A Hypothesis for the Rapid Formation of Planets
Research output: Contribution to journal › Article
The discovery of 1I/'Oumuamua confirmed that planetesimals must exist in great numbers in interstellar space. Originally generated during planet formation, they are scattered from their original systems and subsequently drift through interstellar space. As a consequence they should seed molecular clouds with at least hundred-meter-scale objects. We consider how the galactic background density of planetesimals, enriched from successive generations of star and system formation, can be incorporated into forming stellar systems. We find that at a minimum of the order of 10 7 'Oumuamua-sized and larger objects, plausibly including hundred-kilometer-scale objects, should be present in protoplanetary disks. At such initial sizes, the growth process of these seed planetesimals in the initial gas- and dust-rich protoplanetary disks is likely to be substantially accelerated. This could resolve the tension between accretionary timescales and the observed youth of fully fledged planetary systems. Our results strongly advocate that the population of interstellar planetesimals should be taken into account in future studies of planet formation. As not only the Galaxy's stellar metallicity increased over time but also the density of interstellar objects, we hypothesize that this enriched seeding accelerates and enhances planetary formation after the first couple of generations of planetary systems.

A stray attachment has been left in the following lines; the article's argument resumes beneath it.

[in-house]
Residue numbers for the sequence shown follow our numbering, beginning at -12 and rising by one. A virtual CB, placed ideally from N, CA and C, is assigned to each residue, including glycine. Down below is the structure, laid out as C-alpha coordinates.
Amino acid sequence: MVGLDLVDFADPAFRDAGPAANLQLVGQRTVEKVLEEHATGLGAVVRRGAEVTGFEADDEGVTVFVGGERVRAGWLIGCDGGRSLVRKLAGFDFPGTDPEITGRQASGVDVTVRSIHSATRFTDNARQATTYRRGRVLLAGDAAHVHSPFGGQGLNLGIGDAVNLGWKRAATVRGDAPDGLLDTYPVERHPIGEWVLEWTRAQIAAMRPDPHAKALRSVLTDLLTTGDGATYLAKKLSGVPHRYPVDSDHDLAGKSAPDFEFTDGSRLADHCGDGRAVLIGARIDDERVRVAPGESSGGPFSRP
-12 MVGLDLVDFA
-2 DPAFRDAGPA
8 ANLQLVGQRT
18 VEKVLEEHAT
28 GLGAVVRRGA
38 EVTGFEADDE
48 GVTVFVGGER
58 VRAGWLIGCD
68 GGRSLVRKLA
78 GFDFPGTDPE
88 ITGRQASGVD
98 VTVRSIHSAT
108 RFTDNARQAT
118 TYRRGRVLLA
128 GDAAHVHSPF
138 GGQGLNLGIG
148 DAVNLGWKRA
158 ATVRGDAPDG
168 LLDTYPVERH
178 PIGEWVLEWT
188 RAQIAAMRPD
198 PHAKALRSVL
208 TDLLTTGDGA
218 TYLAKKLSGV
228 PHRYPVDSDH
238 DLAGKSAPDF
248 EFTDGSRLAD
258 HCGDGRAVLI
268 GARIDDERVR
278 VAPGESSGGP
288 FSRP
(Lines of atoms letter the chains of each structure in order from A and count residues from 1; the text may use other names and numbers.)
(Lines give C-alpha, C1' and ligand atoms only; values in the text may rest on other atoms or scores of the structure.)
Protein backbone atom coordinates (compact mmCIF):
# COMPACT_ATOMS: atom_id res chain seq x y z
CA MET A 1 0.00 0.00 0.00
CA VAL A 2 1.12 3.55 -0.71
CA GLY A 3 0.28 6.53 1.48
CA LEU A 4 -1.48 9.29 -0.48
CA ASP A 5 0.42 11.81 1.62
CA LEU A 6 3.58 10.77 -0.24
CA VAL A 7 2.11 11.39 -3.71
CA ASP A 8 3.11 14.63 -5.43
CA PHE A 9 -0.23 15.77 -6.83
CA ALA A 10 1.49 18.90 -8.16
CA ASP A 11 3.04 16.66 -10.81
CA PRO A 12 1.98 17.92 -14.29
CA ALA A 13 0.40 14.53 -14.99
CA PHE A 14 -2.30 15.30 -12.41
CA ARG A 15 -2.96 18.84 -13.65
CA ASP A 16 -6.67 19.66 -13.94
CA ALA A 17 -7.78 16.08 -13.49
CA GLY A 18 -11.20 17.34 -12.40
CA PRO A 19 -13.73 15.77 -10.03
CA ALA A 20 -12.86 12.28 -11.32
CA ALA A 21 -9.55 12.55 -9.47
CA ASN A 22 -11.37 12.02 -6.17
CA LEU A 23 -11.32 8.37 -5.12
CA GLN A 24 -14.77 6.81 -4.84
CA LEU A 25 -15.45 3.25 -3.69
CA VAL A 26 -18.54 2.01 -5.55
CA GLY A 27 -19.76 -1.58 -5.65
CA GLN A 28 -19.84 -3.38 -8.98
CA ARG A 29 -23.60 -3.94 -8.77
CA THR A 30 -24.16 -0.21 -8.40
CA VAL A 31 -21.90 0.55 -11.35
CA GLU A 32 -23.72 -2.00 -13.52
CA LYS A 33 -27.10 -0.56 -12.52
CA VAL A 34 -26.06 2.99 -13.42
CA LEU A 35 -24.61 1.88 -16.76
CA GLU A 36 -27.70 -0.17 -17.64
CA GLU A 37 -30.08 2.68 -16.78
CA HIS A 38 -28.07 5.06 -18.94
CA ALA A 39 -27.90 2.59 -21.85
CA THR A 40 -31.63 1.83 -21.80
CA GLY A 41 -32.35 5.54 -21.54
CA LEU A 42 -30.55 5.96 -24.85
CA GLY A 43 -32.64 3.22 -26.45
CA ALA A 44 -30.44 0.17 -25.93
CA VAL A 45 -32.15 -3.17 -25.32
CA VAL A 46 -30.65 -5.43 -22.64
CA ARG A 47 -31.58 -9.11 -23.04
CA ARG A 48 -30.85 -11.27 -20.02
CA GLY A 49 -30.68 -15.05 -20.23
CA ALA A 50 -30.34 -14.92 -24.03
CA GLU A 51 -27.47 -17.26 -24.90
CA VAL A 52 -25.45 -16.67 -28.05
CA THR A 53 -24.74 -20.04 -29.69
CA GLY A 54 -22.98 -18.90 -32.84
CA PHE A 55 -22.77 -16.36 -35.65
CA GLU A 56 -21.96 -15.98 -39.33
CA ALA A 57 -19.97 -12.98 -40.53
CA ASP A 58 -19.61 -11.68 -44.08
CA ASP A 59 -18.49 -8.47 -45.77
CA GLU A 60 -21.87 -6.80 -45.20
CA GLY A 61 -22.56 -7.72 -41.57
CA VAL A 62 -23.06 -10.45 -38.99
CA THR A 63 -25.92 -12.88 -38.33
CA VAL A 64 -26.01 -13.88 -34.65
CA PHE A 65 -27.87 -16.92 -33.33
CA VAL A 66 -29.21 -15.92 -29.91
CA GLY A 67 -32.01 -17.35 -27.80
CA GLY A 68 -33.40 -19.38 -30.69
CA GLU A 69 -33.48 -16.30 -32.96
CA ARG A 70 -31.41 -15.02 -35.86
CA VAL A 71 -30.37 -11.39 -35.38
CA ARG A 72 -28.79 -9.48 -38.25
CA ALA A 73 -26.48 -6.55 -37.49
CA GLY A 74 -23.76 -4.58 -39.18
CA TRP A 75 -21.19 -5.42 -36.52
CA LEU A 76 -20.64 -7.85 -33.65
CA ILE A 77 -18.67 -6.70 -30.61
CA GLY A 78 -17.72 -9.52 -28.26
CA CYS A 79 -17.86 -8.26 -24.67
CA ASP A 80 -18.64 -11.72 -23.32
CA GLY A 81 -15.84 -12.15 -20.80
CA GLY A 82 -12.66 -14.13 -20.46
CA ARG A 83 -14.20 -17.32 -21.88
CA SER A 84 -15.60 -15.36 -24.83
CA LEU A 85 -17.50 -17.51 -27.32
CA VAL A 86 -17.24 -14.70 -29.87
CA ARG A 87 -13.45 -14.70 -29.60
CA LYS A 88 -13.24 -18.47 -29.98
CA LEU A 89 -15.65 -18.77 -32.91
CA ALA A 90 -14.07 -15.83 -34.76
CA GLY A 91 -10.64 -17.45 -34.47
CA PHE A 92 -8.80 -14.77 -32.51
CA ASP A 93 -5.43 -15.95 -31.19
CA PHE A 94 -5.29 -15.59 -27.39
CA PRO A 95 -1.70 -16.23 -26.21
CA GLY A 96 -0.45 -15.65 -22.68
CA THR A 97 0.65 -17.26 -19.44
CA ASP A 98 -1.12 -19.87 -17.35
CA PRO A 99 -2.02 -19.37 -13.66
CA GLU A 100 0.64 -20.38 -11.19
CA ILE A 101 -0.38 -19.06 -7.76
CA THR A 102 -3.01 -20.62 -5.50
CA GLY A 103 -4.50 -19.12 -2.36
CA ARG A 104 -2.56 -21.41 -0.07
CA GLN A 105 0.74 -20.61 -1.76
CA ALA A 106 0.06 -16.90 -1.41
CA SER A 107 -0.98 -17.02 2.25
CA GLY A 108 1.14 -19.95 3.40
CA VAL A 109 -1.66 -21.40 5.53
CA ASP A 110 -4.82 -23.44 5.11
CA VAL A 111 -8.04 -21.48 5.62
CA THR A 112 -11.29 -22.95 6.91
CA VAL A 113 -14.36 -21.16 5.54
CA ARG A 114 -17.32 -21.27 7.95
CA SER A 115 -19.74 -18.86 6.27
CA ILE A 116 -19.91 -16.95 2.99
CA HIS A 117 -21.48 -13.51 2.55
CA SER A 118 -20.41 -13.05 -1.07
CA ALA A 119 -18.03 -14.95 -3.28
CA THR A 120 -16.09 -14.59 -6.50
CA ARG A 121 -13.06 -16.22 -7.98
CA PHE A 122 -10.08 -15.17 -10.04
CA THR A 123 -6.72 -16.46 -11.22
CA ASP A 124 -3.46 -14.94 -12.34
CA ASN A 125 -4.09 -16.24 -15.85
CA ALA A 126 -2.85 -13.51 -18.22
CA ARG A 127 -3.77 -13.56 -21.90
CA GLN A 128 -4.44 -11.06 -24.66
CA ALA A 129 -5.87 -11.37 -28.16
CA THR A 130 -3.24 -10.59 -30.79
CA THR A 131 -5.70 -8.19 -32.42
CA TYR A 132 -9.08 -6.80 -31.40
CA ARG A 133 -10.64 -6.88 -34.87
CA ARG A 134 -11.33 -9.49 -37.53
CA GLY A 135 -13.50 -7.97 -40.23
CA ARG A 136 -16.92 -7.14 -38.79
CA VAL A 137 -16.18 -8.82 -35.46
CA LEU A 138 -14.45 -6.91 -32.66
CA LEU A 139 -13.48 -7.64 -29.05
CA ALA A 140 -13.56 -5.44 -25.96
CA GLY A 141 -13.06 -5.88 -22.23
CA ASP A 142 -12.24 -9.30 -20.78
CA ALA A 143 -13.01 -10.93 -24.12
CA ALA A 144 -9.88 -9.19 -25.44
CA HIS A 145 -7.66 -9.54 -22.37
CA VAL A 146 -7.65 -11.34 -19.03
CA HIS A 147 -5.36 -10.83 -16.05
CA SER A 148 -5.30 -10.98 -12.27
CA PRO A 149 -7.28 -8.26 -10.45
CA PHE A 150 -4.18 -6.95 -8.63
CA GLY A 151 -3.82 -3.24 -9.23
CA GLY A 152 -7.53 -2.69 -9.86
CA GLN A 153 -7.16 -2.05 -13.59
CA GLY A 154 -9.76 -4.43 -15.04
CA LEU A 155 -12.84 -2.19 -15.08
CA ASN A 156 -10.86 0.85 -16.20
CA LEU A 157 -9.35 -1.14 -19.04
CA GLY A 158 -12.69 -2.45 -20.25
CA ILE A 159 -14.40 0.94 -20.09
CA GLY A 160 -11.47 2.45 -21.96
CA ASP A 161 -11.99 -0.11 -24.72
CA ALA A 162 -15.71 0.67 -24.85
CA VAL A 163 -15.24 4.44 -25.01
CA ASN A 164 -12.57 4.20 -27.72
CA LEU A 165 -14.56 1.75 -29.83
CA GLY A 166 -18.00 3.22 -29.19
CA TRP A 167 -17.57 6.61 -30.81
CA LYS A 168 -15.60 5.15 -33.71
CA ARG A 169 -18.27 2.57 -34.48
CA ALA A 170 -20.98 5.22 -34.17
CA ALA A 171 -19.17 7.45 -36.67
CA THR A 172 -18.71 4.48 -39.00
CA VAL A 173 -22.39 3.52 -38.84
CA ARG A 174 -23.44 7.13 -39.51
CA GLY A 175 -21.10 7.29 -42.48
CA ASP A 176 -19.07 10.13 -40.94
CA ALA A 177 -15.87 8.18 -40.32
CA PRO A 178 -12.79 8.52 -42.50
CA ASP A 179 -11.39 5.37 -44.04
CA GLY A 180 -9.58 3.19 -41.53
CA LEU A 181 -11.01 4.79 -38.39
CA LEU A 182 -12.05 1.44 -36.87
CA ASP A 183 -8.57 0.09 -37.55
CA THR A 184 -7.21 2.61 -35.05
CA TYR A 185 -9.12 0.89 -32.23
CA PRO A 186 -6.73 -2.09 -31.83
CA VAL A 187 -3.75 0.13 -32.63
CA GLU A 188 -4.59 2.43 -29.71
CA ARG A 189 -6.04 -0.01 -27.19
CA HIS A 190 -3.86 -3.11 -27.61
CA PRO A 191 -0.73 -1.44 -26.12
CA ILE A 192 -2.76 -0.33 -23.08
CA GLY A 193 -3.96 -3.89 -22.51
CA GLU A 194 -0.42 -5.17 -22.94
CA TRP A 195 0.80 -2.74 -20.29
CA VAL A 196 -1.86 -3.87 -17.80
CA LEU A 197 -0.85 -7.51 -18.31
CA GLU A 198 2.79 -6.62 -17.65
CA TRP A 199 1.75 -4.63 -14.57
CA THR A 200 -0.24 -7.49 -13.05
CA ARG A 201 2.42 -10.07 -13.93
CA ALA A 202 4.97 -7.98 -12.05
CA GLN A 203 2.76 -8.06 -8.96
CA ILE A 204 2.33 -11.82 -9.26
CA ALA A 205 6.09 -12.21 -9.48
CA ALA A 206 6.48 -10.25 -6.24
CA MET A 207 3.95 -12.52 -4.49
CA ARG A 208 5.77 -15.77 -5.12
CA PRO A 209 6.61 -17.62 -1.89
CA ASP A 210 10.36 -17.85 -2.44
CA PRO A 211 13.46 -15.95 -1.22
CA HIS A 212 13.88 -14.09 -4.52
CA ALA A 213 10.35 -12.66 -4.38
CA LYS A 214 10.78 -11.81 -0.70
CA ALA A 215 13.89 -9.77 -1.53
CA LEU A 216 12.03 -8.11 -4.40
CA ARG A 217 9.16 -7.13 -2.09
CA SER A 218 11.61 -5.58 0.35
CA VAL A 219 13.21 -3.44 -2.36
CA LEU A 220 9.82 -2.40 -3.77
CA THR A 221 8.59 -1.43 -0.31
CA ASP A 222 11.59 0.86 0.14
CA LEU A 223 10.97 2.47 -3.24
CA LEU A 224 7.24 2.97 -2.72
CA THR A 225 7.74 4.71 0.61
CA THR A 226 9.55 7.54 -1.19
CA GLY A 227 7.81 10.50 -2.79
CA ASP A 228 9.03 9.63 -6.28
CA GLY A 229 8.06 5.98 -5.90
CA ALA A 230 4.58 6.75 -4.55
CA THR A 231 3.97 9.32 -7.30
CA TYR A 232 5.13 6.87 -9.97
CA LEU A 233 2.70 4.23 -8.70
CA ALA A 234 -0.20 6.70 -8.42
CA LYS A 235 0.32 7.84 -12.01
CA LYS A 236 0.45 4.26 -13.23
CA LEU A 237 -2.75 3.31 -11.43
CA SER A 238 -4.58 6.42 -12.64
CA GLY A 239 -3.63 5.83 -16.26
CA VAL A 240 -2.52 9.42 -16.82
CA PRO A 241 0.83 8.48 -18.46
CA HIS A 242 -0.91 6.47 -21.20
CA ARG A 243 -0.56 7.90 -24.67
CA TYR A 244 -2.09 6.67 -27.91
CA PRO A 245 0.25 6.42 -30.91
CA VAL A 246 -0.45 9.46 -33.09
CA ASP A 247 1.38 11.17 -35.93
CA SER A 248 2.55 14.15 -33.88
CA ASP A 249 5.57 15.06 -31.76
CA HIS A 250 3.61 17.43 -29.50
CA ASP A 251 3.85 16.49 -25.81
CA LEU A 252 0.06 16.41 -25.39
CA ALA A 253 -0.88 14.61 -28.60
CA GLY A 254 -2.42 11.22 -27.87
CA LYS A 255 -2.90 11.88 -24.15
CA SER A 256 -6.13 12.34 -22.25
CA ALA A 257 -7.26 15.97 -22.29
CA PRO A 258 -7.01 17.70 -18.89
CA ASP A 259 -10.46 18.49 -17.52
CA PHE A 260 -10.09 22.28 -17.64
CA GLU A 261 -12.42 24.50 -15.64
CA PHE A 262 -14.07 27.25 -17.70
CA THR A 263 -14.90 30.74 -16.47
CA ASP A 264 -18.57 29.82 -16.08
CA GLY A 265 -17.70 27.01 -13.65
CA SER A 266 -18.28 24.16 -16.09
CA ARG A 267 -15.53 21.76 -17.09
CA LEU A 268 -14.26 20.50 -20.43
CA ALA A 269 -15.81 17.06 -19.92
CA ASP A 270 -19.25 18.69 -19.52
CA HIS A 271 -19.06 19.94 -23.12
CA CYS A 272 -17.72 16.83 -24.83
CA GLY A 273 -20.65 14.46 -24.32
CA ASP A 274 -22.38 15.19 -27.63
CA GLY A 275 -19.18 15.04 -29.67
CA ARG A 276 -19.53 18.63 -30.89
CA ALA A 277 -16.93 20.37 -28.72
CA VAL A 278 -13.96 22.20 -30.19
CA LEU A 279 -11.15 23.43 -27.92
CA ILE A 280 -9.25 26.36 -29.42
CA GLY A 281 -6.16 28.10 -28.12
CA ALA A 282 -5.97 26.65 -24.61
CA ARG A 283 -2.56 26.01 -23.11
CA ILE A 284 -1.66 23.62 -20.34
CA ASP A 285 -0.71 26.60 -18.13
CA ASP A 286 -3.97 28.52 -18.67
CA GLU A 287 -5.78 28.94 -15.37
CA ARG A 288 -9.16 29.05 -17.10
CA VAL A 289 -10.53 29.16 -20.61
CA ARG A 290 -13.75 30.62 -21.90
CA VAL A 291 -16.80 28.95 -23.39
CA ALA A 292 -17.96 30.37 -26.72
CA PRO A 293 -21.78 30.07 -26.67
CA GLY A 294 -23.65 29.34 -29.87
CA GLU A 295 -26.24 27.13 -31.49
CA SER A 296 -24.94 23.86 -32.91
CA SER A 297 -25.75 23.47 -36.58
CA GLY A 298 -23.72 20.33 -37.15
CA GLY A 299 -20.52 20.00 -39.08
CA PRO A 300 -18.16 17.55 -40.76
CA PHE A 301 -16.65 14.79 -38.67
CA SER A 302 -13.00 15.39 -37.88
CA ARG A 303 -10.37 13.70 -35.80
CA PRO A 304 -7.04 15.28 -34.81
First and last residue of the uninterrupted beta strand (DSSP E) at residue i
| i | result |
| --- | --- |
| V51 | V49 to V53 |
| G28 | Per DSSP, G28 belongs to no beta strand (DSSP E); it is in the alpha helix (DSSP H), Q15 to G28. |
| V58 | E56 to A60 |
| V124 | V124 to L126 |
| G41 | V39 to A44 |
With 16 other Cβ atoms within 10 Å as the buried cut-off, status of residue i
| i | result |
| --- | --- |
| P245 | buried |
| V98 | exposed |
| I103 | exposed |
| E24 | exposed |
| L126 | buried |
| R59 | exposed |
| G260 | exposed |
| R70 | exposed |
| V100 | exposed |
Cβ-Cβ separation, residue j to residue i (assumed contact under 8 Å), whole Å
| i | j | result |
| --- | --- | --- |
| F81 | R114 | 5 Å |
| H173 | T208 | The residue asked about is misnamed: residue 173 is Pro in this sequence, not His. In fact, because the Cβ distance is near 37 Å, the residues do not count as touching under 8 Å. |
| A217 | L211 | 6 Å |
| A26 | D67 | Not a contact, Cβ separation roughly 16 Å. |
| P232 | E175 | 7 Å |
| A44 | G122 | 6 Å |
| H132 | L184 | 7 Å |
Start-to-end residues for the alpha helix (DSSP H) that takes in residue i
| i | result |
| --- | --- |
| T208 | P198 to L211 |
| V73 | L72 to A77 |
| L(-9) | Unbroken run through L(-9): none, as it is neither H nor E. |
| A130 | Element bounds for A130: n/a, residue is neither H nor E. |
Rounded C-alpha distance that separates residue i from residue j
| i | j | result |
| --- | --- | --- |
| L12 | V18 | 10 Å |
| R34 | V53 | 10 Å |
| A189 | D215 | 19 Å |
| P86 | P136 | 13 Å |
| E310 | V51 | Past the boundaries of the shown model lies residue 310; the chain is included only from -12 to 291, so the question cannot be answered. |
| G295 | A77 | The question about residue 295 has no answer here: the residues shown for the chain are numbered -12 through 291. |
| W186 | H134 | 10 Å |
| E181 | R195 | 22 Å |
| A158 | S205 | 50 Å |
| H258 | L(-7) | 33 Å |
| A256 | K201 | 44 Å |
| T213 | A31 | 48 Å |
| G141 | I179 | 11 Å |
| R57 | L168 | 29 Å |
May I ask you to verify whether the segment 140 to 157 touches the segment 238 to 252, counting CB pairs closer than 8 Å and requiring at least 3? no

- disk interactions, ISM: general, minor planets, asteroids: general, planet, planets and satellites: formation, protoplanetary disks